Sunday, November 2, 2014

Pre Daylight Savings Time Peakbagging

I hate daylight savings time, at least in the fall. Who cares if its light in the morning? We all get up, go to work, and sit inside. I want daylight after work so I can actually go do some fun stuff outside. But whether or not I dislike this tradition I have to accept it. So in the final week before the post work activities largely come to a halt with the sun setting at the unfortunate hour of 530 pm, I decided to try to tag a few more peaks that were on my list: Squaw Peak, Grandview Peak, and Spanish Fork Peak.

Squaw Peak-Monday

This peak is really accessible, probably similar to Grandeur Peak in Salt Lake via Church Fork in mileage and vertical. Its 7.4 miles RT, with 2820' of climbing. For the average BYU zoobie on a date it might take half a day, but if you can run it you'll be up and down in less time than the average Provo Temple session, which can easily be seen from the summit. I gave it a solid effort and managed 2nd on the strava ascent leaderboard, with only the mythical creature Sas Quatch besting my time. (see here for clarification). Fun outing, the Provo folks are lucky to have this peak so close.

Looking down the south face of Squaw Peak. Rock canyon trail seen below

Grandview Peak-Wednesday

My gps died in city creek, imagine the blue line connected to the other blue line to make a nice loop

This one is definitely off the radar. Located high above city creek canyon, its isn't really easily accessible from any one direction. Three-four distinct possiblities exist, and they are all involved. I recruited Court for this outing since it involved a bike ride/running combo, which he tends to enjoy. We rode up city creek canyon 5 miles to Rotary Park, then took the unmarked North Creek trail up to Rudy's Flat. From here we more or less followed the ridge east all the way to the summit, which involved some trail, but mostly psuedo-trail/off trail ridging. We summitted right at dark and it was pretty cold. Then came the descent. I had preplanned to descend via the trail-less, possibly horrendous but extremely direct variation down Cottonwood Gulch into City Creek. I like direct routes, and despite the high likelihood we would be jungle shrubbing for 3 miles, it seemed more adventurous, less time consuming, and pure than returning the way we came or continuing on towards swallow rocks.

We started down with headlamps ablaze and found a surprisingly enjoyable dirt stream gully thing in bottom of the U shaped valley with minimal shrubbery and we cruised, taking only 30 min to get from the summit to city creek. Highly recommend this 3rd class adventure running descent. Imagine a less bike friendly version of the Bobsled in the University Foothills and you get the picture. 15 min down city creek and we were back at our bikes. This sweet loop(sans bike mileage) was 10.4 miles and 4400' feet of climbing, which took us around 2:45 hours, plus the 30 min or so of bike time.
Ridge running

Court yelping, "ow!" when the trail disappeared

Almost to the summit

Spanish Fork Peak(aka Maple Mountain)-Saturday

Annie grew up at the base of this peak and has summitted it numerous times, even going so far as to call it "her mountain". I guess the Mapleton folks refer to this peak as "Maple Mountain", but to everyone else its Spanish Fork Peak. The author of the summitpost description has some harsh declarations regarding this discrepancy:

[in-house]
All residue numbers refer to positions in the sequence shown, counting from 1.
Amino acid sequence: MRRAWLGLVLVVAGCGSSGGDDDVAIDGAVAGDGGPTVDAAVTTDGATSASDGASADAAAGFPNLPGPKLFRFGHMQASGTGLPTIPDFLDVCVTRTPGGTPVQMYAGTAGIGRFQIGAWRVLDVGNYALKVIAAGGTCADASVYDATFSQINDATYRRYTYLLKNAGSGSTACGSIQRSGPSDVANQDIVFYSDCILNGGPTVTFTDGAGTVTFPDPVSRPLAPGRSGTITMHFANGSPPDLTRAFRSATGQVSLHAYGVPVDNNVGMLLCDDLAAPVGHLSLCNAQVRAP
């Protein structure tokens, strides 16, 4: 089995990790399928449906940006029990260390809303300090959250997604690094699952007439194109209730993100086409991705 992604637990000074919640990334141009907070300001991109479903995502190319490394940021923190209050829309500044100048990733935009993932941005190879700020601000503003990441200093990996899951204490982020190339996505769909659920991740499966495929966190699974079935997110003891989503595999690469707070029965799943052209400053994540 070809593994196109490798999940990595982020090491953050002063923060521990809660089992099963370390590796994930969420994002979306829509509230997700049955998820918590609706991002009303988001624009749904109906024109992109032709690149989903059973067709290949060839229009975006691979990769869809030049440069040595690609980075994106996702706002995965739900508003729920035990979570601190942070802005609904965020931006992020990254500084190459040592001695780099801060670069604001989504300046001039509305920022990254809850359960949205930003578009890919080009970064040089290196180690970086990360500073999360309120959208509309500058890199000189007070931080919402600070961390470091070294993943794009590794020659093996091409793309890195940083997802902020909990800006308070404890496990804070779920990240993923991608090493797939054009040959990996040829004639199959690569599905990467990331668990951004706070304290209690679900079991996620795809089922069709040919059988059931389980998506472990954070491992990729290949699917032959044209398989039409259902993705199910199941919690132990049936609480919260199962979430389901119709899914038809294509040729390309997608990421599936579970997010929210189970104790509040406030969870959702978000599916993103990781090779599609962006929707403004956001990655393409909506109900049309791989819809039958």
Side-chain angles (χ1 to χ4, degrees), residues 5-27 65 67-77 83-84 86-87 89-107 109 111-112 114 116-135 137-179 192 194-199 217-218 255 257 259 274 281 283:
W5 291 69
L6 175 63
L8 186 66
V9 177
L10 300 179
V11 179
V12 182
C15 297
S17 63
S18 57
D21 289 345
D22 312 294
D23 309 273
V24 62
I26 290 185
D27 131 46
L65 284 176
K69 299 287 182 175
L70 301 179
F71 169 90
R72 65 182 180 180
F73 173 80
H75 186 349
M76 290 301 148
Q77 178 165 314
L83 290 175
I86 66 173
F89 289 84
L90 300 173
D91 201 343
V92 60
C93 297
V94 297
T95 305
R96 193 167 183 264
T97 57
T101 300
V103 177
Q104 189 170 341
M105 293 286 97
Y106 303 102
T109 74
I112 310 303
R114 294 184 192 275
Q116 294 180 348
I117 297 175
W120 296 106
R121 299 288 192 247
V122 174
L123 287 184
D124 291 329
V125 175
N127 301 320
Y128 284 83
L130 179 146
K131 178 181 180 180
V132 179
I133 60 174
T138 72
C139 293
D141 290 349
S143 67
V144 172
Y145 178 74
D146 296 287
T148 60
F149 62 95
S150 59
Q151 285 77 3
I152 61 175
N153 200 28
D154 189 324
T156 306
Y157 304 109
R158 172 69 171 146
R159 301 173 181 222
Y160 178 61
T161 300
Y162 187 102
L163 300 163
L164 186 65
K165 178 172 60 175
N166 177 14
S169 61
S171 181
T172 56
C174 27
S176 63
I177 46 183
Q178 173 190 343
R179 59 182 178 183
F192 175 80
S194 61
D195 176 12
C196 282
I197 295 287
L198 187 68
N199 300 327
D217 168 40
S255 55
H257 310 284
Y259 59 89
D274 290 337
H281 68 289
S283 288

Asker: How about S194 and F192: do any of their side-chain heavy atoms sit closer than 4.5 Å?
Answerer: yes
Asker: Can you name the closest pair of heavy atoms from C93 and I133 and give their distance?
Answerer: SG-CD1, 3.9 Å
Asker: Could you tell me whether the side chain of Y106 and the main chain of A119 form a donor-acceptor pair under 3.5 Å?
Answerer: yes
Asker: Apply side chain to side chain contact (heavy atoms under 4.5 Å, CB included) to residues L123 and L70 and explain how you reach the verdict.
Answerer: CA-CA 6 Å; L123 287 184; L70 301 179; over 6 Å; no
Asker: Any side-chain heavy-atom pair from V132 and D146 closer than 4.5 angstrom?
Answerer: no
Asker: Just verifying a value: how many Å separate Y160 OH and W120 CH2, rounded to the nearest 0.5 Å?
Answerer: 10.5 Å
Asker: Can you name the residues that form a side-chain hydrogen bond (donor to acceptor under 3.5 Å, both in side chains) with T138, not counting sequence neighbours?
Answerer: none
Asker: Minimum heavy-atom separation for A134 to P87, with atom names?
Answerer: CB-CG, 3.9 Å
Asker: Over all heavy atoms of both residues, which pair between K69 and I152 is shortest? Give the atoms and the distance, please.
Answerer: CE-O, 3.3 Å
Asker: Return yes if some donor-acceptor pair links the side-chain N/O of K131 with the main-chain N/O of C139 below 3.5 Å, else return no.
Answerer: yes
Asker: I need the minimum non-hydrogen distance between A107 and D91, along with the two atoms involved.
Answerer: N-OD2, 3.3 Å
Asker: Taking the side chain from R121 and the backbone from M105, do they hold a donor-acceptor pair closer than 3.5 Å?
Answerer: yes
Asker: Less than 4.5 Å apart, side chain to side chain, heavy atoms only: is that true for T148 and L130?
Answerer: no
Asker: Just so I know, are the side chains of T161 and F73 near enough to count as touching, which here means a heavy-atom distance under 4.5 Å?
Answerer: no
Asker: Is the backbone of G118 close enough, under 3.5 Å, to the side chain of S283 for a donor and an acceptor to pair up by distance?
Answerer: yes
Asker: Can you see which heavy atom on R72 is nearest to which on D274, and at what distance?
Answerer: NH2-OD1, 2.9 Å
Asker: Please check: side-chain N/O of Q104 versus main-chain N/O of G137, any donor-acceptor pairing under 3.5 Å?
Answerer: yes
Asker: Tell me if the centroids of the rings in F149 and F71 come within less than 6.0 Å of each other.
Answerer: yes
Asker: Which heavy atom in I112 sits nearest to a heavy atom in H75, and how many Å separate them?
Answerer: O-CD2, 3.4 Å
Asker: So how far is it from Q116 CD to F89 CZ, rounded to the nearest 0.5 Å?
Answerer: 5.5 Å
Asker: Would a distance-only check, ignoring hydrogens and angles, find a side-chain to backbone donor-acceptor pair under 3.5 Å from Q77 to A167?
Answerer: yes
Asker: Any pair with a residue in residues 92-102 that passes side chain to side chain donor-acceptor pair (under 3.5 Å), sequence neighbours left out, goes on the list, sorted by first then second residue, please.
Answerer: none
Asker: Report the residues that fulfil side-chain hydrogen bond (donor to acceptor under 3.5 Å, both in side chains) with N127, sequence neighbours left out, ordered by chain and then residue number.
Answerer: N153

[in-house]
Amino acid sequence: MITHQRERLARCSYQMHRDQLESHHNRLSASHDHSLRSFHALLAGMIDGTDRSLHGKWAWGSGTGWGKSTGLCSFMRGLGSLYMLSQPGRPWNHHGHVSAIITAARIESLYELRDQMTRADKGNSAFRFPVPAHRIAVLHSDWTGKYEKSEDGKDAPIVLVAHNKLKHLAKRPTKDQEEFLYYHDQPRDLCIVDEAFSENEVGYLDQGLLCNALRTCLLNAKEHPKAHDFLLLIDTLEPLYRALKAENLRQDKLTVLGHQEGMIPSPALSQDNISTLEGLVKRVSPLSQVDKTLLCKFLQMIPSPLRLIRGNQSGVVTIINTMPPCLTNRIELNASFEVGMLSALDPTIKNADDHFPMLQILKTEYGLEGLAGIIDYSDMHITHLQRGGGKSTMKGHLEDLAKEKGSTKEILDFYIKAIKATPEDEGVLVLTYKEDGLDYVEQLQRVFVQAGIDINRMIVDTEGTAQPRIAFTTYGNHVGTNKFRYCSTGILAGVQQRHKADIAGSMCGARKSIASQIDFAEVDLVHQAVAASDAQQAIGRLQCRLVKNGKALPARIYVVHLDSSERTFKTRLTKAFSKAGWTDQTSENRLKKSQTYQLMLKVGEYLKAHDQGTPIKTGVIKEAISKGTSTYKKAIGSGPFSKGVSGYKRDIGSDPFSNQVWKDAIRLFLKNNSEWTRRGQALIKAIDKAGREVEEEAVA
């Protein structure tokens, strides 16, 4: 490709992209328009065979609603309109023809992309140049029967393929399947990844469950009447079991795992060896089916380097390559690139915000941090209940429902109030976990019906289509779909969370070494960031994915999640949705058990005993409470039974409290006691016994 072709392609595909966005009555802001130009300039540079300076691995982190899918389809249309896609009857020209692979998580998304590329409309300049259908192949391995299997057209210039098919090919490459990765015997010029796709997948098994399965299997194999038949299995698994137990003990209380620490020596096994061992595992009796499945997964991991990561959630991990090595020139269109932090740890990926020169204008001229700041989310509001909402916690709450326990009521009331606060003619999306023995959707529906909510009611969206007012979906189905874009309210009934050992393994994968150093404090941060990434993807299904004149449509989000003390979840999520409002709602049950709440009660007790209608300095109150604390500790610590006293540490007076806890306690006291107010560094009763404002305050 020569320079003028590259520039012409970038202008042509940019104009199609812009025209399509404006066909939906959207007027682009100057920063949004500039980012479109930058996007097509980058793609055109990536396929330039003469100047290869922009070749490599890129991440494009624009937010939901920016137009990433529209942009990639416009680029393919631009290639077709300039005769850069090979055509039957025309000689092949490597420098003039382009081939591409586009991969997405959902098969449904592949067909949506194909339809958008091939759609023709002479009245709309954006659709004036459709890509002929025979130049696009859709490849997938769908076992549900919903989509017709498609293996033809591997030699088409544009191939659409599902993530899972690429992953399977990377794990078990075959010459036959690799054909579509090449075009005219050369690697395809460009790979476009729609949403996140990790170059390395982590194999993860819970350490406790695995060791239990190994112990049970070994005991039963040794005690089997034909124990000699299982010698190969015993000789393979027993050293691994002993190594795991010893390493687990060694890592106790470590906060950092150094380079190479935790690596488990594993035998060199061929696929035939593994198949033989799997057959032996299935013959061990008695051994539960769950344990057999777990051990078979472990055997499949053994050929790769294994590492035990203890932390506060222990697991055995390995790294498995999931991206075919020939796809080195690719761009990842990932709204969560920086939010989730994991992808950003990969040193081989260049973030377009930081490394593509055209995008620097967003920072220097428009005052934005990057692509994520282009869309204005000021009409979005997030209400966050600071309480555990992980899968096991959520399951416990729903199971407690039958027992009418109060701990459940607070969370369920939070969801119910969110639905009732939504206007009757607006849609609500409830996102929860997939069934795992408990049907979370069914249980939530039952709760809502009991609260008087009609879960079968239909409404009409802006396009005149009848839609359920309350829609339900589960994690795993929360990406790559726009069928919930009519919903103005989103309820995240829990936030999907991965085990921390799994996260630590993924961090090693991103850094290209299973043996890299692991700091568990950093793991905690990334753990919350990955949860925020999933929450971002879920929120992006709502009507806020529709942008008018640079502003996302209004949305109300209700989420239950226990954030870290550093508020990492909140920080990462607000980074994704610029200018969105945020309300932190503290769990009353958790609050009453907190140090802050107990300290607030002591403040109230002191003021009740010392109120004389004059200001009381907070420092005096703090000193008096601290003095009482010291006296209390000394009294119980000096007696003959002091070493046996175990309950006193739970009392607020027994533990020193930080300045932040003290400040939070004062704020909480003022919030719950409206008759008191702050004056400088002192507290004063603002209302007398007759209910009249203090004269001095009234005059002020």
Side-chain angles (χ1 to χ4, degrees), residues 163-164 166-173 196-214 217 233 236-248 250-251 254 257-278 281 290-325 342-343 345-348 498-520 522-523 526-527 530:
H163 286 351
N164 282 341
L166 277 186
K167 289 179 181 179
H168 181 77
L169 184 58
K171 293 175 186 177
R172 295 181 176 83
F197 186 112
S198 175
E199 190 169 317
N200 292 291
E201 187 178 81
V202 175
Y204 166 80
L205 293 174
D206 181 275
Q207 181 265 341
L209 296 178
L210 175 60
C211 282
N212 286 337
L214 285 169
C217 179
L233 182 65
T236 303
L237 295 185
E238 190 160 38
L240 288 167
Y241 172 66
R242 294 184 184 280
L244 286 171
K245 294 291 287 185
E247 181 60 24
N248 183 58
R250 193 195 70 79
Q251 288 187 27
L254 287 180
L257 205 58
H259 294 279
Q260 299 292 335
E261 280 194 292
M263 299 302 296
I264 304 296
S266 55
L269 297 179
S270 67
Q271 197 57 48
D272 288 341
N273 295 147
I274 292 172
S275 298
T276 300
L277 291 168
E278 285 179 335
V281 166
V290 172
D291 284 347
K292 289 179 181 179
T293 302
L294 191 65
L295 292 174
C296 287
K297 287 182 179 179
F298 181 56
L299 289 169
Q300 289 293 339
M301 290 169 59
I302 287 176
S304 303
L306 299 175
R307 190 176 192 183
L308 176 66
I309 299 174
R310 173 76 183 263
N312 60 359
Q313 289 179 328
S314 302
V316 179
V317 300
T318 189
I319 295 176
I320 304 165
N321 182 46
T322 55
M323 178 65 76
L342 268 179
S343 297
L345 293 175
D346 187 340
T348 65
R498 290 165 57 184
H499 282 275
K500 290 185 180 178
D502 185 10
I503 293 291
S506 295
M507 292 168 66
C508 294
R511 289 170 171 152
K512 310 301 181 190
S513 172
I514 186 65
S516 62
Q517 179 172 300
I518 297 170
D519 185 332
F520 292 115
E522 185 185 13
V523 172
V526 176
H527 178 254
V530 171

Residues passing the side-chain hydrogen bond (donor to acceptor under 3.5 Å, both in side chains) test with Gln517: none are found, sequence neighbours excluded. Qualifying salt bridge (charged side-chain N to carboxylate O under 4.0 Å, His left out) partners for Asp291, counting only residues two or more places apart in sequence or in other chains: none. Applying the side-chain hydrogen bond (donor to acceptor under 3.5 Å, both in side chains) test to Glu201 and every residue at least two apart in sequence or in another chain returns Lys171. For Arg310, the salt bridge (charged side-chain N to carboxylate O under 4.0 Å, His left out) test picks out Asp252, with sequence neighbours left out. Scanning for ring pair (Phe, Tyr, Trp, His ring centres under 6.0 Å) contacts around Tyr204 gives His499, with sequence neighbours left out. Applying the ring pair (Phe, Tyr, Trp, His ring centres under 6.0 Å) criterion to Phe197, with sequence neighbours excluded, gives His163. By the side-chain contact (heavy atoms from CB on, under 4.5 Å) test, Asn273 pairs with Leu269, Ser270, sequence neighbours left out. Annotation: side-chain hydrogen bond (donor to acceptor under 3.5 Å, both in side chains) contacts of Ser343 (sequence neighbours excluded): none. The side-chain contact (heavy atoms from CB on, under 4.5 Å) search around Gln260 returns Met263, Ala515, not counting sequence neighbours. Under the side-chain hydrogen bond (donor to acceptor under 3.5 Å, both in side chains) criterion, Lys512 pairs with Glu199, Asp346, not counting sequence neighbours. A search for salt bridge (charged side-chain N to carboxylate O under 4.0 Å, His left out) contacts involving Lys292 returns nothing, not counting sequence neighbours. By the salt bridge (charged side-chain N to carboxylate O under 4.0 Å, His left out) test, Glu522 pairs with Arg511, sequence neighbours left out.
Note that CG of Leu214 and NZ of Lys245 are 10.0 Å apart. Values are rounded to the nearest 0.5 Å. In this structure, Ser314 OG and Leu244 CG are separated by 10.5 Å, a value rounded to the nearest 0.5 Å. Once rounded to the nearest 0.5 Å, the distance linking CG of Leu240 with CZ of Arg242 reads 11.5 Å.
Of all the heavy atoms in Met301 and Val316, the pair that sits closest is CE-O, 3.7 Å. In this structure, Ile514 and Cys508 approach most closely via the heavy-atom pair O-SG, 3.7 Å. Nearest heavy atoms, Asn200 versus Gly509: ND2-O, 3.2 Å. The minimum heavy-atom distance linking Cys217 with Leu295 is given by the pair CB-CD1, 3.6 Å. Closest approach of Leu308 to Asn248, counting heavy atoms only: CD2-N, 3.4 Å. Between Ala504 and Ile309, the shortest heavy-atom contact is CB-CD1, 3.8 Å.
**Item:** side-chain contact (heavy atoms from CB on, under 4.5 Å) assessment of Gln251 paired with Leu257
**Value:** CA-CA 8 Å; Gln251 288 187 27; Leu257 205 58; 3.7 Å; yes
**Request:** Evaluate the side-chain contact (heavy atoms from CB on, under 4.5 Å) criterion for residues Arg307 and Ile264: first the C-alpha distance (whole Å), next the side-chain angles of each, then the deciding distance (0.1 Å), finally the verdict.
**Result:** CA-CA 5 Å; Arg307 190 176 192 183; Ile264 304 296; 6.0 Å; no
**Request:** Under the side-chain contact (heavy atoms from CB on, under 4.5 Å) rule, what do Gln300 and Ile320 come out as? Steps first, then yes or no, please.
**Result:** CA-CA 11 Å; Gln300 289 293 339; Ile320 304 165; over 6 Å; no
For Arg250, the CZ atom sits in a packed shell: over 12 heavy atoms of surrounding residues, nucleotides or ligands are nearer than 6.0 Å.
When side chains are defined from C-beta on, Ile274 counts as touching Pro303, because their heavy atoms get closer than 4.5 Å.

Some locals refuse to call this mountain Spanish Fork Peak, instead calling it "Maple Mountain" or "Mapleton Mountain." This seems to be borne out of some simmering rivalry between David (Mapleton) and Goliath (Spanish Fork City). USGS, understandably, sided with Goliath. Best advice for residents of Mapleton (which exists only because it seceded from Springville in the 1910s, with the blessing of the Utah Supreme Court) is to get over it. The name is Spanish Fork Peak.

I decided I needed to summit it as some point to honor Annie's youth and also because I was intrigued by the Dorais bro's ski video from last year. I was happy to discover there were trails on both sides of the peak, so I could traverse it rather than do an out and back, which I am not fond of. Starting in SP canyon, I headed up the  less popular and steep Sterling Hollow trail and after an hour or so I hit a big open meadow with remains from a large hunting camp. I was unable to find the trail from here and it was getting pretty socked in, so I decided to beeline it north straight up a huge talus field into the clouds with hopes I'd hit the peak. The trail supposedly traversed west around a subpeak but I wasn't going to go spend a ton of time looking for it. Luckily the clouds parted right as I hit the ridge, unveiling I was just below the summit, marked by a giant triangular metal structure.
Talus field where I lost the trail

The talus became tedious so I vouched for straight up 50 degree weeds instead

I got lucky and my direct talus approach worked out perfectly. Summit just ahead
Wanna-be Timp like metal summit structure

Maple Canyon Lake on the descent with a herd of elk
It started to snow on the summit, so I continued north on my planned descent route of the right fork of Maple Canyon, the more common approach. Everything went smooth and 7 miles and 5300' of knee bashing later, I was back at the canyon mouth and met Annie to help with the shuttle. Only 2:41 for this 12.5 mile adventure. Amazing what ground you can cover with some simple fitness.

Now that the sun is gone, the headlamp may be my best friend for after work activities, pending the weather cooperates.